Jackson Pro Series Monarkh SCP review

The most playable solid-body singlecut of all time?

  • £949
  • €879
  • $949
Jackson Pro Series Monarkh SCP
(Image: © Future / Phil Barker)

MusicRadar Verdict

One of Jackson’s more conventional shapes, with a field-tested Seymour Duncan humbucker pairing, the Monarkh SCP nonetheless might confound your expectations of just how playable a solid-body singlecut can be. It’s versatile, too.


  • +

    Supremely playable and lots of fun.

  • +

    That poplar burl finish, neatly bound is a classy look.

  • +

    Seymour Duncan humbucker pairing is a winner.

  • +

    Decent value for what is a serious guitar.


  • -

    Not much, but no left-handed models as of yet.

  • -

    Gig-bag or hard case sold separately.

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Jackson Pro Series Monarkh SCP: What is it?

Jackson has thoroughly revolutionised the shape of electric guitars. Over the years, it has retooled the S-style, slimming down the neck, contouring, seeking out more high-output electric guitar pickup options to give metal’s show ponies a sound to match their style. 

Then there are the more aggressive shapes, the King V, Kelly, and the über-metal Warrior, and off-the-wall designs, like the lesser-spotted Area 51-inspired Roswell Rhoads. 

But even when its instruments are inspired by the ‘50s classics – as the Monarkh surely is by the Les Paul – there’s no shortage of blueprint iconoclasm guiding the design. Yes, the Monarkh SCP is faintly Les Paul-esque, in that it is a solid-body singlecut with a similar scale length, but the apple falls far from the tree; the cutaway is shallower and sharper, the headstock one of Jackson’s arrow-headed 3x3 AT-1 efforts, the top is poplar burl, not maple, and the pickup choice sees a Seymour Duncan JB SH-4 at the bridge and ’59 SH-1N at the neck.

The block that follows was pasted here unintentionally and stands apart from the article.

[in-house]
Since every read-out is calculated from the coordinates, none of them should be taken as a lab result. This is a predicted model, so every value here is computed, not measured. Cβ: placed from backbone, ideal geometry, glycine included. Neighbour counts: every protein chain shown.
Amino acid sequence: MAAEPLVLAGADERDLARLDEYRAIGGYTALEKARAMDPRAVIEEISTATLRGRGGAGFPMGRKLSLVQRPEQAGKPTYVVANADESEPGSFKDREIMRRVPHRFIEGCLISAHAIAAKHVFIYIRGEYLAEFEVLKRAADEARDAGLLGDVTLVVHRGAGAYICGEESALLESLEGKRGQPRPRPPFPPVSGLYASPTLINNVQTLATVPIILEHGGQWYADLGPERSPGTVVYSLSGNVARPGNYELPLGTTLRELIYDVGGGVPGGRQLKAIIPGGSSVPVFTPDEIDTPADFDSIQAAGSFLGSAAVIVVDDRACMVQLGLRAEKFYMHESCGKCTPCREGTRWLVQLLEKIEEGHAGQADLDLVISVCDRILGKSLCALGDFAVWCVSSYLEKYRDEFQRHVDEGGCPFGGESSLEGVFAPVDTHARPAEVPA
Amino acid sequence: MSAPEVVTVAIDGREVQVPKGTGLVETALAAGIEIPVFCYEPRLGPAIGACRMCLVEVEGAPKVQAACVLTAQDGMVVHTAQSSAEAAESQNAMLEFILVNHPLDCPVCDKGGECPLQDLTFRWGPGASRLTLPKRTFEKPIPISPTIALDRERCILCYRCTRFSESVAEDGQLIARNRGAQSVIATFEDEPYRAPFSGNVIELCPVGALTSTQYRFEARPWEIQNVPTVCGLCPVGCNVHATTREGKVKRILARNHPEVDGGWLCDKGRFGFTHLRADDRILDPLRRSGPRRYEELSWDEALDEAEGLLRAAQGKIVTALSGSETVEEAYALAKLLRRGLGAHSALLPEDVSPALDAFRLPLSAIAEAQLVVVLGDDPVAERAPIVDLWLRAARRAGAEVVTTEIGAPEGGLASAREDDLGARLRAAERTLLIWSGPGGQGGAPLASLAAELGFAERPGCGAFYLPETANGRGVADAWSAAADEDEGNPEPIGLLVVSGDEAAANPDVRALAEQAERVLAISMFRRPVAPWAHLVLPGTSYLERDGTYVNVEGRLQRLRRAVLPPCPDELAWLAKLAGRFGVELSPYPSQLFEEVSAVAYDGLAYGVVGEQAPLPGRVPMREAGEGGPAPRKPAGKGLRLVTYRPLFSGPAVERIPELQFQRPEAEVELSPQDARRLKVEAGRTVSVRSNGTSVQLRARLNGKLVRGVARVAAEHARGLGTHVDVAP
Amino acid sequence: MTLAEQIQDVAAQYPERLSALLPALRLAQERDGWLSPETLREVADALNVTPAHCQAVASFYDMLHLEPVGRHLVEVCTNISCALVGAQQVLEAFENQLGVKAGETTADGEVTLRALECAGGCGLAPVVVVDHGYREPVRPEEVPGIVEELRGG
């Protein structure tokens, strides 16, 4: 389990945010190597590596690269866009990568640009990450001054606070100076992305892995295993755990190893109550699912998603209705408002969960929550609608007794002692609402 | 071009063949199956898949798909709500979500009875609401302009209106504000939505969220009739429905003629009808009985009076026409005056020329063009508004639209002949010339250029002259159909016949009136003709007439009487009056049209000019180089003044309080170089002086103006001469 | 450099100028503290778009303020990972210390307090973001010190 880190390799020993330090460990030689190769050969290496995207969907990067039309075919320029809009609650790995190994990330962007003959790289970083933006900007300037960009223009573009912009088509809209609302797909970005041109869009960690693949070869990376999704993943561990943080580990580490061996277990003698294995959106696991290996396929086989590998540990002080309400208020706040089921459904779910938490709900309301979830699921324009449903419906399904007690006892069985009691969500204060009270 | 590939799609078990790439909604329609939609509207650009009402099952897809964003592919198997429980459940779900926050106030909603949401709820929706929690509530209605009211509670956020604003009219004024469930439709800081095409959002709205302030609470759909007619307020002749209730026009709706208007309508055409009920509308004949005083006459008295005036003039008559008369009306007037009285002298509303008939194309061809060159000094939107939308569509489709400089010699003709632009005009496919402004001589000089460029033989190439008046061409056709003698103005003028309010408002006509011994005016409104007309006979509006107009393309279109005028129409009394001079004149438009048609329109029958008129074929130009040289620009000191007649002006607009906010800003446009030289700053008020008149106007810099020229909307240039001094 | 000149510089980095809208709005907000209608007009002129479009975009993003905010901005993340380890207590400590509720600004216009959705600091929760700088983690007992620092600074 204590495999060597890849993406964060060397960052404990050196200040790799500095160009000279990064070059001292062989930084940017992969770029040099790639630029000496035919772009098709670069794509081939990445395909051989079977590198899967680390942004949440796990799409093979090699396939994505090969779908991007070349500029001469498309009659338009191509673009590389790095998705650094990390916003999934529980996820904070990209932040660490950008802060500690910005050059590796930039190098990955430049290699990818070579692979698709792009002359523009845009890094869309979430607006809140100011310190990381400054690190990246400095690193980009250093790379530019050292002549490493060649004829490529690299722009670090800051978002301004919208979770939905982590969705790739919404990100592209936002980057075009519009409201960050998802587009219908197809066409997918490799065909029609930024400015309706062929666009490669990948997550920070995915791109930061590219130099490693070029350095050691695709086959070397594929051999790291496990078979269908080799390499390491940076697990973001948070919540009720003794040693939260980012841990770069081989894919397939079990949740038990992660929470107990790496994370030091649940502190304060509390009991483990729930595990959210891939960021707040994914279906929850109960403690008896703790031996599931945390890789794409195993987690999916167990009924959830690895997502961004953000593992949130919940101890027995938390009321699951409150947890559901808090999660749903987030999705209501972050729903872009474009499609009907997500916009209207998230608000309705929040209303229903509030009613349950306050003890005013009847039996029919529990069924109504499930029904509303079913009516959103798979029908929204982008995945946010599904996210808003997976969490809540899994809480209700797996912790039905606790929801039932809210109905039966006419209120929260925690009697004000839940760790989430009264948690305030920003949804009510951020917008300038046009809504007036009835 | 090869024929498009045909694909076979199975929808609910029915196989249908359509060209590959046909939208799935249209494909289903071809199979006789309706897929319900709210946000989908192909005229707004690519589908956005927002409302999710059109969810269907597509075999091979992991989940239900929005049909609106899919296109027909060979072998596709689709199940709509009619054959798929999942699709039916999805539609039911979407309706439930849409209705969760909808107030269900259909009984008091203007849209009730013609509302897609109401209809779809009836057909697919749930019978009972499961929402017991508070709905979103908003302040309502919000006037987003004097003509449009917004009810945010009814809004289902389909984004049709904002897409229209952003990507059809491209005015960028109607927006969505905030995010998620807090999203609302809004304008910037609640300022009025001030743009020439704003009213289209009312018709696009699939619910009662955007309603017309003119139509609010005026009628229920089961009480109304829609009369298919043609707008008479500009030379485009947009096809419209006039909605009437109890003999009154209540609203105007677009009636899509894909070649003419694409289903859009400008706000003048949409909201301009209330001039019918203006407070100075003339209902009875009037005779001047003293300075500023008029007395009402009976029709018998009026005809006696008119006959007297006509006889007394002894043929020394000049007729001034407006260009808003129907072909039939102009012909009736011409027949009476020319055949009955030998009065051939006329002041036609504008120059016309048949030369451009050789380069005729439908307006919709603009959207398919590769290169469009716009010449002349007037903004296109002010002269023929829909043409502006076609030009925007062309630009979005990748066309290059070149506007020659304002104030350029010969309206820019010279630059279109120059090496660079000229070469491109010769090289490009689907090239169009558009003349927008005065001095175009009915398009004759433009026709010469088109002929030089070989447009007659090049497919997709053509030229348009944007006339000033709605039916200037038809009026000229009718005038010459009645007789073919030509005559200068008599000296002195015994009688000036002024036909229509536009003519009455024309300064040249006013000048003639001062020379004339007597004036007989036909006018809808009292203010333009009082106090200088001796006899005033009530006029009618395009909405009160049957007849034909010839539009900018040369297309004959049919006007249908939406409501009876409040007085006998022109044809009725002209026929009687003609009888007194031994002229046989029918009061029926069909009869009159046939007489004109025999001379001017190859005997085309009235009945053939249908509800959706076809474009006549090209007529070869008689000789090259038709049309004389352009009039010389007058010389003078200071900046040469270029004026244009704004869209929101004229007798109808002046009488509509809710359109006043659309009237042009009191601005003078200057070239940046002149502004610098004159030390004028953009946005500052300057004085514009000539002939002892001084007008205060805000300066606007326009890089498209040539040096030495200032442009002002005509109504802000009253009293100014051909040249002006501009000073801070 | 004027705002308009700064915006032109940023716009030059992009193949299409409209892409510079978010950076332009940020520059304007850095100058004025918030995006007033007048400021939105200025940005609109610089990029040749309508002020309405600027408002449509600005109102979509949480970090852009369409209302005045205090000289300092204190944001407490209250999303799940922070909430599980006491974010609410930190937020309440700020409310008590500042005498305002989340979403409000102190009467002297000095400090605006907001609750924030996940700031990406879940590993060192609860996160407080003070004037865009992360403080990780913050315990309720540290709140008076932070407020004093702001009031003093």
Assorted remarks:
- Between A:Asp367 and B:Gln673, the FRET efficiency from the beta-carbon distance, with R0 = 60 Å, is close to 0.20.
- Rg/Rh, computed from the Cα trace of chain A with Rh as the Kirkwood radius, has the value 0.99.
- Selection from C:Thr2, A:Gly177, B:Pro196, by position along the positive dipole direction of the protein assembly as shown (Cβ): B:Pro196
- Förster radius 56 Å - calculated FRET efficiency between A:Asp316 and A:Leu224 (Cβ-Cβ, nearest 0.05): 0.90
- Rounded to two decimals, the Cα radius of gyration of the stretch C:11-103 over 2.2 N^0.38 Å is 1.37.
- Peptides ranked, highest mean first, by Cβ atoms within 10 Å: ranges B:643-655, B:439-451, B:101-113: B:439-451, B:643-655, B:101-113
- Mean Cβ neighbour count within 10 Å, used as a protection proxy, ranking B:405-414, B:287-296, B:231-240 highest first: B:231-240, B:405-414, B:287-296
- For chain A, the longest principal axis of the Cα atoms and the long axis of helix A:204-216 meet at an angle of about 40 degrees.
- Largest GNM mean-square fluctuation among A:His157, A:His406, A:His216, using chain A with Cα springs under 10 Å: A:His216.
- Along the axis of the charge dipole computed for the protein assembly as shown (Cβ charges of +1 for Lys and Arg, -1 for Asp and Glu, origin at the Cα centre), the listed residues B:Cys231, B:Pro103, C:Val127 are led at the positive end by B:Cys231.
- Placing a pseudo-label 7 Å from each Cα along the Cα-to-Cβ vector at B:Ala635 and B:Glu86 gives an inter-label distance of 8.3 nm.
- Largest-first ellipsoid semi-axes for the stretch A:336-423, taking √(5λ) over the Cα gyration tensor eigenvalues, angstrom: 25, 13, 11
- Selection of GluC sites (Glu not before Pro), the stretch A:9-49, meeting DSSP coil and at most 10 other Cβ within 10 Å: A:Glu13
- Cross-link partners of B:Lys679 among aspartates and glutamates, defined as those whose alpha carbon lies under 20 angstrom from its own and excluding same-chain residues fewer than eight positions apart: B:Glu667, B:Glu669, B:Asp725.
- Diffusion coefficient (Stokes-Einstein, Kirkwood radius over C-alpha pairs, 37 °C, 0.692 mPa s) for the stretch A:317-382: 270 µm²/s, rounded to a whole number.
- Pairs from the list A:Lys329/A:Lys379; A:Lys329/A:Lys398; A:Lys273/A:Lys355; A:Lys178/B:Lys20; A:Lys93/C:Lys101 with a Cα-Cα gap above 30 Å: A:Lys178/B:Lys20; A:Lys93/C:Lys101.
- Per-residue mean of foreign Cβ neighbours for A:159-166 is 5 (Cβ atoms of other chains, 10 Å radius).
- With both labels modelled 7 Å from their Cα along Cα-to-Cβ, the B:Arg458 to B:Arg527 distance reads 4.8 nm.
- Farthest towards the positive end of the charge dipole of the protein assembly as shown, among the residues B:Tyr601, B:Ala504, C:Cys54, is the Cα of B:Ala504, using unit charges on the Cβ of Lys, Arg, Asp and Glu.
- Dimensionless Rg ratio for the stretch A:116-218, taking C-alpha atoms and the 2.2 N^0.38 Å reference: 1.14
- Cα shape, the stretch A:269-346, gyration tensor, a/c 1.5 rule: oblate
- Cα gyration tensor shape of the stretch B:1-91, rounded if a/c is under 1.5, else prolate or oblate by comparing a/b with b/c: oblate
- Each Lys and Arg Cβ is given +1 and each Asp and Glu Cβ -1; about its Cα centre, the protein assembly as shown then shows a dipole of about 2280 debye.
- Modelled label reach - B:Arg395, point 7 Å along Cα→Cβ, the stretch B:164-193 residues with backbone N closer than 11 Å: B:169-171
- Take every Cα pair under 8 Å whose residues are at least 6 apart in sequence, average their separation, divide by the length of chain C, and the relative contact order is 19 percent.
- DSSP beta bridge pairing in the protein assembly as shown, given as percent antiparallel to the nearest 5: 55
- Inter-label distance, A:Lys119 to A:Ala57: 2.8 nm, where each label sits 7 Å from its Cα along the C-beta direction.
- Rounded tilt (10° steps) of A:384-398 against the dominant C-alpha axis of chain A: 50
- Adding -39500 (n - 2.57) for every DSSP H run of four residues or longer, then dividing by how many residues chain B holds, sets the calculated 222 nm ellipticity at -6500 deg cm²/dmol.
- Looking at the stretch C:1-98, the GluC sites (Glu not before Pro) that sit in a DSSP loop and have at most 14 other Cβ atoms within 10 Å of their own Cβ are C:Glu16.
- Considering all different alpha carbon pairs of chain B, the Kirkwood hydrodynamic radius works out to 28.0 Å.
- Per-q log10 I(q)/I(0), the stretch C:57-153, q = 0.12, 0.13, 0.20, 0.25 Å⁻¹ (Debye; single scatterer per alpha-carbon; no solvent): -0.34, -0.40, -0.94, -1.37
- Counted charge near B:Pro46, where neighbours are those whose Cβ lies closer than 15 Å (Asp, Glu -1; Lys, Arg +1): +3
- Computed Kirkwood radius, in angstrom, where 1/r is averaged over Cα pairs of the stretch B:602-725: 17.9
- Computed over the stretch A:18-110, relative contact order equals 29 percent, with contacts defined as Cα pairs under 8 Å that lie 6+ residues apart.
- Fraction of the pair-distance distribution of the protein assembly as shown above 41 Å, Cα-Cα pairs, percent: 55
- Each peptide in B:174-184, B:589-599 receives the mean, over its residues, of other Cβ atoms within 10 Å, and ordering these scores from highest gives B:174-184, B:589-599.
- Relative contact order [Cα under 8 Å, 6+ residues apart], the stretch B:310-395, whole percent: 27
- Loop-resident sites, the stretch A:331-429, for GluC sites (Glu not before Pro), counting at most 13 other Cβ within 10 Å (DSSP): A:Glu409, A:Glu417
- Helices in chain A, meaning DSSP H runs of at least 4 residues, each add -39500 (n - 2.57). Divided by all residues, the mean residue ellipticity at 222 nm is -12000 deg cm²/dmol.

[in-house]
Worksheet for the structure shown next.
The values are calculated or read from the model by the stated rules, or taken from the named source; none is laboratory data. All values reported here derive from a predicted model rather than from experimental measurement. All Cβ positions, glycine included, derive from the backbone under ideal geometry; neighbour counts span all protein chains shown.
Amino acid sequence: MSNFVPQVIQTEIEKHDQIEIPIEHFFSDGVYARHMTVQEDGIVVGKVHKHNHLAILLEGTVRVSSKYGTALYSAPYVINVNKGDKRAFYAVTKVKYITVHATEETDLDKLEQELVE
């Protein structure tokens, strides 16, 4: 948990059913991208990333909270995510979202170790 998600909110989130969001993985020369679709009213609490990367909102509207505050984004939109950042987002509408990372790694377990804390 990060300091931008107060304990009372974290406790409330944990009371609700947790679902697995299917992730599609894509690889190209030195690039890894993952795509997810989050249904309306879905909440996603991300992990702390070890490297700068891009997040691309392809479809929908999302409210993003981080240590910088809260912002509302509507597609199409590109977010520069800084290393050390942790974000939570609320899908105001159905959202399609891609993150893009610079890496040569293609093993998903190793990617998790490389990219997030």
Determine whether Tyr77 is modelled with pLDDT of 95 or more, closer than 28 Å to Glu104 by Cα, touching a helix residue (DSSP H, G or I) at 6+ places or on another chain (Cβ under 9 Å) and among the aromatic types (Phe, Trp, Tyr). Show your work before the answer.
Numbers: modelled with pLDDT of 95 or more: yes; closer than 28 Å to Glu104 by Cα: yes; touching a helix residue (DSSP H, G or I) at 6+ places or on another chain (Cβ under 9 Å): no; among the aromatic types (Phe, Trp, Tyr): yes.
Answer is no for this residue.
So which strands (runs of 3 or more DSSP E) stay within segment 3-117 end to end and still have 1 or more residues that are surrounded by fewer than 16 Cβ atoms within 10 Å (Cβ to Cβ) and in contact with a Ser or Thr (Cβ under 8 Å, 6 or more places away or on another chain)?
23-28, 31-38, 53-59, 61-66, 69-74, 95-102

Jackson Pro Series Monarkh

(Image credit: Future / Phil Barker)

Arguably, the JB/’59 is the most vintage thing about the Monarkh SCP; it’s a modern classic pickup combo, ideal for classic rock, hard rock, metal, and with enough dynamics for blues and jazz – particularly on that neck pickup.

With this in mind, the Monarkh SCP promises to be more than just another shred machine. The maple neck is whip-thin, glued to the body, with a satin-smooth feel that’s enhanced by a hand-rubbed oil finish. 

The ebony fingerboard is altogether spec’d for speed, boasting a 12”-16” compound radius, its jumbo frets rewarding a light touch and supporting you in all your string-bending endeavours. Pearloid Ghostfin inlays add to the go-faster vibe.

Jackson Pro Series Monarkh SCP

(Image credit: Jackson)

A guitar such as this might appeal to acolytes of the Floyd Rose double-locking vibrato unit but Jackson favours a more no-nonsense approach to hardware, deploying a radius-compensated tune-o-matic style bridge and anchored tailpiece, and Jackson-branded sealed die-cast locking tuners. The idea is you can put a bit of welly behind your power chords without throwing the whole thing out of whack.

Courtesy of Dunlop dual-locking strap buttons, you can also throw this thing around without worrying about it hitting the floor. Just, y’know, be careful; that headstock could have someone’s eye out.

And that’s the last thing you’d want because the finish on this guitar – a sort of translucent purple burst that’s redolent of NASA’s deep space photography – is really something special, and makes an aesthetically adventurous alternative to the more demurely dressed Monarkh SC (Black finish, gold hardware).

Jackson Pro Series Monarkh SCP: Performance and verdict

There will be some players whose excitement for the Monarkh SCP is tempered by the pickup choice. Why not go for a set of active EMGs, or for the au courant Fishman Fluence Modern humbuckers, with multi-voicings to extend the guitar’s tonal range?